Metallica’s James Hetfield Says Cliff Burton ‘Here in Spirit,’ Band Streams Remastered ‘Creeping Death’
This year is huge for Metallica with the thrash kings keeping quite a few plates spinning at once. With a new album looming, the band has also prepared deluxe reissues of their first two records, Kill 'Em All and Ride the Lightning. Metallica are also celebrating the 30th anniversary of Master of Puppets, which has also brought forth discussion about the late Cliff Burton, who tragically passed away in 1986. James Hetfield went into detail about everything surrounding the busy year in the latest Met Club interview.
When talking about sifting through the archives for special content for the album reissues, Hetfield recalled certain memories that came flooding back when seeing images from back in the day, especially those regarding Burton. The frontman stated, "The obvious stuff too... things with Cliff... like, 'Oh my God, that gig, that stage, we have the amps underneath the thing,' and just lots of cool memories, you know? And it just, it makes me grateful that somehow that picture came back into my life. Because I do miss those times. I miss Cliff a lot. I think about him quite often. But it also makes me realize that you know, he’s here in spirit. He’s not here physically, but there are people that are here physically, and let’s have some good times now."
He went on to detail how he and the rest of the band numbed the pain of the loss, adding, "We drank a lot. And then when Cliff passed away it was doubled, you know? Took twice as much to stuff it down. And [I] never, ever really grieved. Obviously we’ve talked about this, where we just went back out, started touring again, and that was supposedly the remedy to shake it off and to get back on the horse, all the clichés."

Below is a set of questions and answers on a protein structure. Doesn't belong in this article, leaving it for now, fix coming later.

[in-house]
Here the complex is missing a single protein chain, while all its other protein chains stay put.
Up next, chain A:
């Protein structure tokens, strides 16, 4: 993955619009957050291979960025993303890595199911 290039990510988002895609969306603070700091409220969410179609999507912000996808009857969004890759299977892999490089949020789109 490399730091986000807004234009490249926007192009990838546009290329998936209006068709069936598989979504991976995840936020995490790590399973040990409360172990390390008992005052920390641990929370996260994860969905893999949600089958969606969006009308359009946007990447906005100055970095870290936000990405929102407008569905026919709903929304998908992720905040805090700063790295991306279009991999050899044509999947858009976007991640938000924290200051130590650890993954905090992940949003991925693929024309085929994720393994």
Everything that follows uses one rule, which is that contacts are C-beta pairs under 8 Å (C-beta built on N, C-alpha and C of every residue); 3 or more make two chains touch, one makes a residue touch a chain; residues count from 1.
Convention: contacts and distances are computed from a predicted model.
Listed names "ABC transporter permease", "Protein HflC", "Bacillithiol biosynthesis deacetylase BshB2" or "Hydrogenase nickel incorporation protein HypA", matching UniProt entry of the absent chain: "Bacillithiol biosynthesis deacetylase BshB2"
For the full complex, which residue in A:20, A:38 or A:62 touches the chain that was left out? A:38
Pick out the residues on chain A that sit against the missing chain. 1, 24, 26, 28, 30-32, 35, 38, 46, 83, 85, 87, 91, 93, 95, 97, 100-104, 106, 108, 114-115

Talking about his 2001 stint in rehab and the chance to finally openly grieve about Burton's death, Hetfield said, "I think just by [opening up to the] memories, just by thinking about him, feeling his presence, that’s how grieving is happening for me over a longer period of time." Shifting to his present day feelings, the frontman went on, "I miss him more as a person than as a musician, and that’s different for me. You know, back in the day, he and I were pretty alike as far as things that we liked and things that we liked to do. I think I learned a lot from him, and I learned a lot after he passed. You know, 'What would Cliff do?' But I think I’m able to be more myself, and he taught me that, you know? He helped teach me that it’s OK to be different and to stand up for what you believe in. You don’t have to have all the ammo in the world to fight the war, just be you. That’s enough."
When the focus returned to the Kill 'Em All and Ride the Lightning remasters and all the work that went into digging up as much rare content as possible, Hetfield said, "All the old stuff, some of the outtakes, we have the equivalent of the FBI working on this stuff trying to find things from back then. You know, 'Somebody’s gotta have this,' and after the years and years of not thinking about it, you go 'Wait a minute, there’s gotta be a different version of this when we recorded it. Did we only record it once and that was that? What happened to all this other stuff?' So little things are showing up from the old studio. For example, 'Here’s the microphone you sang Kill 'Em All on.' Are you kidding me? So I now have that here at the studio."
As we inch closer to the April 15 release date for the reissues, Metallica have been steadily serving up streams of some of their classic tracks. The latest is a remastered version of "Creeping Death" off Ride the Lightning, which can be heard in the player below.
Metallica, "Creeping Death" Remaster
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